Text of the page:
Ceum a hAon

It’s a hard thing to sit at a desk all day writing lecture notes only to come home and then feel compelled to sit down and enter a blog, but I have been thinking about this one for a while. To be perfectly honest, I have been thinking of about five different posts for a while, but this is the one that has gotten out of the cage. It is mostly because it has a practical, real-time focus, as opposed to the more reflective, narrative driven posts that I’ve been building in the back of my mind. This one is more a record of a current starting point, like a record of the weight lifted in a workout or distance and time running.

Gu deas. Sin e mo chuid de ro-ràidh.

I’ve decided that I’ve not enough Gaelic memorised, and by that I do not mean paradigms or vocabulary. I am talking about senchas, sgeulan agus sean-fhaclan, so I’m going to put down here the dàin for this week. I think I’ll start light here with some poems that I have been meaning to hard-wire.

First , I’ve noticed that one of the sean-fhaclan about the weather that I came across in an Almanac from 1907 is dead on. Tha e an seo shìos:

Gaoth Deas, teas is torradh,
Gaoth Niar, iasg is bainne,
Gaoth Tuath, fuachd is gaillioinn,
Gaoth Near, meas air chrannaibh.

Second, it’s high time I started getting a view of the bardic tradition from the inside. This is something I started trying to do a year back or so, but of course got sidetracked by ‘life’. (Now that’s a topic I’d like to come back to – that and the ‘world / saoghal … thing.) Following the bardic tracts (specifically Tract II), I’ll memorise verses according to the varying years of instruction. Since dían is the first, I’ve selected two of the examples to start with.

Currech life conalí.
Is terc ri dia fo-domair.
Rucad a chend uad i cían;
cosin slíab os badammair.

This relates to a story in the Finn MacCumhaill cycle. The story is told in the Rennes Dinshenchas:

49. Cenn Currig.

Currech Lifi, from whom is Raith Cuirrig, had a daughter Cochrann the mother of Diarmait hua Duibni (by her husband Dub). And Cuirrech’s mother was the same as the mother of Fothad Canann and of Teite daughter of Mac Niad, from whom Oenach Teite is named. Teite was the wife of Find son of Ragamain.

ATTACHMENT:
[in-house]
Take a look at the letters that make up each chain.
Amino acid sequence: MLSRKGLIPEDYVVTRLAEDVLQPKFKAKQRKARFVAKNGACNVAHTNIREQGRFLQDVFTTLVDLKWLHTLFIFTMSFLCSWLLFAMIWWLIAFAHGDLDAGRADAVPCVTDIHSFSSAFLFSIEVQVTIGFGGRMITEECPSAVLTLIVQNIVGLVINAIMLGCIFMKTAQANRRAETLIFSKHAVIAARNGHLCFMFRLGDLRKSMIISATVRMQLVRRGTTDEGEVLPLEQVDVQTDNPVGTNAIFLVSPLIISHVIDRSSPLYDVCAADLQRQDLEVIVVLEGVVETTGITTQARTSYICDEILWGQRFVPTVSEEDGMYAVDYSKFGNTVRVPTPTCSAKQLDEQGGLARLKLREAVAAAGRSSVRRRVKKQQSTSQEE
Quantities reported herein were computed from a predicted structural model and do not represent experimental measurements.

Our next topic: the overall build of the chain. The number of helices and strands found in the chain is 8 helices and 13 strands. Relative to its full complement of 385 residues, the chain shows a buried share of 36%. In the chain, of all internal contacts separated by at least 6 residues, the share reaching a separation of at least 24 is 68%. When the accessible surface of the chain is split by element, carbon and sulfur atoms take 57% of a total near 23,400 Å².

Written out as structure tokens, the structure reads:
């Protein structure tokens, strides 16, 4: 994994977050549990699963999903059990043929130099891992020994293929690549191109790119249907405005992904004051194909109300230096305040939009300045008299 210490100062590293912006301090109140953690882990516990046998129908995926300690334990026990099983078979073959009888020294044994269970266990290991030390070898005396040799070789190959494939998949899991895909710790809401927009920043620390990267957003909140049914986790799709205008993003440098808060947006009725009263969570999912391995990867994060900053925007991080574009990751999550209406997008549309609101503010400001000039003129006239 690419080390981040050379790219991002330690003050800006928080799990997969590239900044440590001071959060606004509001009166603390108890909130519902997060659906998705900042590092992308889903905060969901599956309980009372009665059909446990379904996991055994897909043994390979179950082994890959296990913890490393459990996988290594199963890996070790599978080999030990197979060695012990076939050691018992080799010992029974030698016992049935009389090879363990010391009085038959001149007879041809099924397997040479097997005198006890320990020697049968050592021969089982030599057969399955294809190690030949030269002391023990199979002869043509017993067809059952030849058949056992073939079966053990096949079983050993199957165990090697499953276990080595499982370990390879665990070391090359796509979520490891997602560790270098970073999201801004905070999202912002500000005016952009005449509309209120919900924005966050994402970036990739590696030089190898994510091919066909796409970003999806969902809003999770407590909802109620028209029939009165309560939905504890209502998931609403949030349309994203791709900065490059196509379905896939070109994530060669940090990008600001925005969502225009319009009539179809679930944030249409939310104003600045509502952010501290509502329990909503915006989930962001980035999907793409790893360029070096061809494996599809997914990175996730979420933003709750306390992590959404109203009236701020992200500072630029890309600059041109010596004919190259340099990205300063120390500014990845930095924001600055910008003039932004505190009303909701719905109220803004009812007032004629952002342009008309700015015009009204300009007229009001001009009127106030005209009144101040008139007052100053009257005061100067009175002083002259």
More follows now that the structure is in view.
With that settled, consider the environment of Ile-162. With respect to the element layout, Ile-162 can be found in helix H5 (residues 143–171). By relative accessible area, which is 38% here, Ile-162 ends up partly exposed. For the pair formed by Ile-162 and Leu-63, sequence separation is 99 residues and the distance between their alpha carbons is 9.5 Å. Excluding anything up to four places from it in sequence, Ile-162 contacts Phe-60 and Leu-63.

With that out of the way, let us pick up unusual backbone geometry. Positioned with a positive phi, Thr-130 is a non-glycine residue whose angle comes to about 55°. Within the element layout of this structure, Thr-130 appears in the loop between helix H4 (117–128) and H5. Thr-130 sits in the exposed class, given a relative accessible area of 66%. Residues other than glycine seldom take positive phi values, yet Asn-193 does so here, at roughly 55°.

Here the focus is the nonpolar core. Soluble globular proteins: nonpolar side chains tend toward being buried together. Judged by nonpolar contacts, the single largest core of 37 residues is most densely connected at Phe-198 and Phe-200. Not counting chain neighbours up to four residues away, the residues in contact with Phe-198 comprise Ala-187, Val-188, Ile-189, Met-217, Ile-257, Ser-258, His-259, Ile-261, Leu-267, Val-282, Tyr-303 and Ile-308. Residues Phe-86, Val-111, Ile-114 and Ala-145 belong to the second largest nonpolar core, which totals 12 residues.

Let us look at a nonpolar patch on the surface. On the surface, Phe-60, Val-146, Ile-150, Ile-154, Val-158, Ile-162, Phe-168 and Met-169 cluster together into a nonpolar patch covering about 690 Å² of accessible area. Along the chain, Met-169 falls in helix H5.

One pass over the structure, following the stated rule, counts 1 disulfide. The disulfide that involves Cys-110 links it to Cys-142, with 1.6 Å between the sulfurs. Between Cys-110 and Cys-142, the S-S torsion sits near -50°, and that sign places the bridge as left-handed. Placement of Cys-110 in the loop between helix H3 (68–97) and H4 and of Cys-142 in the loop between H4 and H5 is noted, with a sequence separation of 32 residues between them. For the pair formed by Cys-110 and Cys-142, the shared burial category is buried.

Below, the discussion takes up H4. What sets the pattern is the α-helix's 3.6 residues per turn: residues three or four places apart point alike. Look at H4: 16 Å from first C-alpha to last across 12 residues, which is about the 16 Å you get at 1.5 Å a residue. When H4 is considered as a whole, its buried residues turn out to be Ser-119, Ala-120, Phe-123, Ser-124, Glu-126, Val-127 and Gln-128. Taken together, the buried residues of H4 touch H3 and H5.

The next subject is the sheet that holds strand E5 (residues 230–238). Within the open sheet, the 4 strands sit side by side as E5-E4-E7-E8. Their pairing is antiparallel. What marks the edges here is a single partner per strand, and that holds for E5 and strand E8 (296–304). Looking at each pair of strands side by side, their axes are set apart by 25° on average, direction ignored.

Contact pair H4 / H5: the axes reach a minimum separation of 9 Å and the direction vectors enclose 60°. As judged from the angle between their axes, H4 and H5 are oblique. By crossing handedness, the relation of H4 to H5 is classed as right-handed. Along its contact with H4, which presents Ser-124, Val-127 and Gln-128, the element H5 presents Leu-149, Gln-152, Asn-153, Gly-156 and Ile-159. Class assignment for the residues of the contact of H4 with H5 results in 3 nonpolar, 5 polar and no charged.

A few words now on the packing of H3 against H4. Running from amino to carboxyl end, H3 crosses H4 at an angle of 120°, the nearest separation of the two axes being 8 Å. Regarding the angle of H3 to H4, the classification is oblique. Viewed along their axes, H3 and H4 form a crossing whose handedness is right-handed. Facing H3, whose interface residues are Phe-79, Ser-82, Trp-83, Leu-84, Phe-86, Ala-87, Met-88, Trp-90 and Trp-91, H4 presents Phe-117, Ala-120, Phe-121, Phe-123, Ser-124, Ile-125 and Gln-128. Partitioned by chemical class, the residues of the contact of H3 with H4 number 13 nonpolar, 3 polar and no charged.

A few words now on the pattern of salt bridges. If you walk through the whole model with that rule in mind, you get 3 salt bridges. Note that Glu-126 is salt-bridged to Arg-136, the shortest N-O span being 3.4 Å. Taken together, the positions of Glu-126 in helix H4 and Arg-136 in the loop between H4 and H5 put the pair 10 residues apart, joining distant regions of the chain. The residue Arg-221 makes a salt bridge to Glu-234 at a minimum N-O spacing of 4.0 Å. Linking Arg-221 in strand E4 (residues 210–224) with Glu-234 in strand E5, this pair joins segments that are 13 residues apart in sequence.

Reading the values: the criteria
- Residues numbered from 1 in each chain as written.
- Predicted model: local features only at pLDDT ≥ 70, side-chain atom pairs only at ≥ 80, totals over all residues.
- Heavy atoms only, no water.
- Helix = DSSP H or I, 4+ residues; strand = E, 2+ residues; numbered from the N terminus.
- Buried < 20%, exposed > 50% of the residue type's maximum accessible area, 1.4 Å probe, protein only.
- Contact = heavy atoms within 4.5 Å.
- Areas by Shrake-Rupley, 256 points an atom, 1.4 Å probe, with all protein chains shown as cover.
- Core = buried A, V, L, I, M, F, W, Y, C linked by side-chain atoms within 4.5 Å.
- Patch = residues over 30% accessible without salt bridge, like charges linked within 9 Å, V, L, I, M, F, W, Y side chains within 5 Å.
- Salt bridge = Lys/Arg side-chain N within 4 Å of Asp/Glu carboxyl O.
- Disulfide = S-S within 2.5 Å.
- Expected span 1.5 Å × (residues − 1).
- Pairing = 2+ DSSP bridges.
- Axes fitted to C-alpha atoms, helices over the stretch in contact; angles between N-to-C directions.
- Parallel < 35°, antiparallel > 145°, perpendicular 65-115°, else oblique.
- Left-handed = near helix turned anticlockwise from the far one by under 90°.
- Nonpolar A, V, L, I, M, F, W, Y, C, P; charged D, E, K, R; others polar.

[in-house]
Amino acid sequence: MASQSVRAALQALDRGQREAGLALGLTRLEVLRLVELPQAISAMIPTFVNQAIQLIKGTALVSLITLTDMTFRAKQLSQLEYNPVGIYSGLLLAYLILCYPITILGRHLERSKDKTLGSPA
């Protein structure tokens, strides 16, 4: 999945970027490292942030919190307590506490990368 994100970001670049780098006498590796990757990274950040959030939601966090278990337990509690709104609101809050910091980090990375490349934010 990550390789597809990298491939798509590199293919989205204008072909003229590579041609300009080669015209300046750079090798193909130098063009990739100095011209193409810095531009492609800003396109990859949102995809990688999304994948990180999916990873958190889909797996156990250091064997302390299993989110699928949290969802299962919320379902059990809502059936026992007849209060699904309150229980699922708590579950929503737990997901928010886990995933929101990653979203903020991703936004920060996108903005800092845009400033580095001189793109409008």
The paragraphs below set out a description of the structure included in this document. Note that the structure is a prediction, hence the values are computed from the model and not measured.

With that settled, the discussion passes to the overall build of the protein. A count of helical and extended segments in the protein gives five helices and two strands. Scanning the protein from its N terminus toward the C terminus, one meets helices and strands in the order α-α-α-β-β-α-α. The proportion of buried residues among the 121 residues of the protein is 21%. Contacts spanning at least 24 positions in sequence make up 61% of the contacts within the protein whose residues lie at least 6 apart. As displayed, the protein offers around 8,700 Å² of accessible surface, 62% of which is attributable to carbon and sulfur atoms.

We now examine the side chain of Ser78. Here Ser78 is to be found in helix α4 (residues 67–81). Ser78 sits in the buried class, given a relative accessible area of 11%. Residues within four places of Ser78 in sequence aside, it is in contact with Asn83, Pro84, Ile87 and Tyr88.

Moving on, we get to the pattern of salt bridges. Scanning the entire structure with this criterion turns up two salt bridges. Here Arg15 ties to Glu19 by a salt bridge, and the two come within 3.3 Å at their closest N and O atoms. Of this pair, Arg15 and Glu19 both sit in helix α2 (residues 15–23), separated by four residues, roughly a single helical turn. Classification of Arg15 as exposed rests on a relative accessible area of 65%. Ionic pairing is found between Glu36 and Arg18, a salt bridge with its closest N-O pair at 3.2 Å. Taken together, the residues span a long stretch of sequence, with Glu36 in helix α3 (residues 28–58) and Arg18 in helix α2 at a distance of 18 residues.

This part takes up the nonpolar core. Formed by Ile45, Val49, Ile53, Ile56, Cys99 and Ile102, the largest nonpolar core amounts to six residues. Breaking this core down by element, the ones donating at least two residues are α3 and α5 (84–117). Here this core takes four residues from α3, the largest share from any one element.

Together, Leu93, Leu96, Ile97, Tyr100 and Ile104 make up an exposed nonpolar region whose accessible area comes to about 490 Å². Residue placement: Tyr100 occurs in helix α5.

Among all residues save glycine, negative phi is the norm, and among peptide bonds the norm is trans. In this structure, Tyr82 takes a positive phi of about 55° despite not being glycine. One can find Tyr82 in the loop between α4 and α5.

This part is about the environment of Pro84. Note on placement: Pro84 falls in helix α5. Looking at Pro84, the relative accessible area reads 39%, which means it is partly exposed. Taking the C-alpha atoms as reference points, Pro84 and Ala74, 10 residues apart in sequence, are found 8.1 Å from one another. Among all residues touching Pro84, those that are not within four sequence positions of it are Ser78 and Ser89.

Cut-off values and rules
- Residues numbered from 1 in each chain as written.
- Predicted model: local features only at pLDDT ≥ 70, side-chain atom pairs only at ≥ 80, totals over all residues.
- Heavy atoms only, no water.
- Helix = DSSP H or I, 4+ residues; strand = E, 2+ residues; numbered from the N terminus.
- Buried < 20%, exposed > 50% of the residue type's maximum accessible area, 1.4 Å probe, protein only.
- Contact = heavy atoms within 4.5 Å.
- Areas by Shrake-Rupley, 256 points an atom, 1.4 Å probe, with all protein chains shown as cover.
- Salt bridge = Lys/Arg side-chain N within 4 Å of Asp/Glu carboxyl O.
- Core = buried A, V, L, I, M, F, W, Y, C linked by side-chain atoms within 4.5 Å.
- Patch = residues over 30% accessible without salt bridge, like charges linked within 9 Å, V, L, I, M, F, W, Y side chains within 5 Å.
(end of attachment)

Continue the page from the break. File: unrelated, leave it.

Now Find killed Dub hua Duibni, whose son was Diarmait mac Duib son of Duibne. He was Currech’s son in-law.

So there was savage warfare between them (Find and Ciarech). Then Cuirrech bethought him of a way to get an advantage over Find. In the eastern part of Femen, on the eastern bank of the Suir, in Cathair Dúne Iascaig, Find had a paramour named Badammair (from her Rath Badammrach is called). ’Tis she that used to sustain Find with food and raiment. So Cuirrech went to Badammair’s house and slew her, and destroyed Cathair Dúne Iascaig. Forthwith goes Find on Cuirrech’s track, by Femen, Tete, Roigne, the Nore, Gabran, the Barrow, till he saw before him Cuirrech’s shadow, and throughout the shadow he hurled a spear, chanting a spell over its head, and strikes it into Cuirrech, who fell thereby. Then Find took Cuirrech’s head, and came on the morrow in the early morning to that mountain (Cenn Cuirrig) a little to the west of Femen, and set a tomb of stone there about the head. Whence Cenn Cuirrig is so called.

Afterwards Find son of Regamain and his wife Teite fell by a single blow of Find when they went away from the ale-banquet which (the latter) Find had made for Fothad (Canann).

The second example is in praise of the eighth century king of the Ossraige, Anmchad mac Con Cerca.

Anmchad Osraige amra;
caíne fadla flaithrige.
Drec conbruthmar bruith’ elca;
Mac Con Cerca cathmíle.

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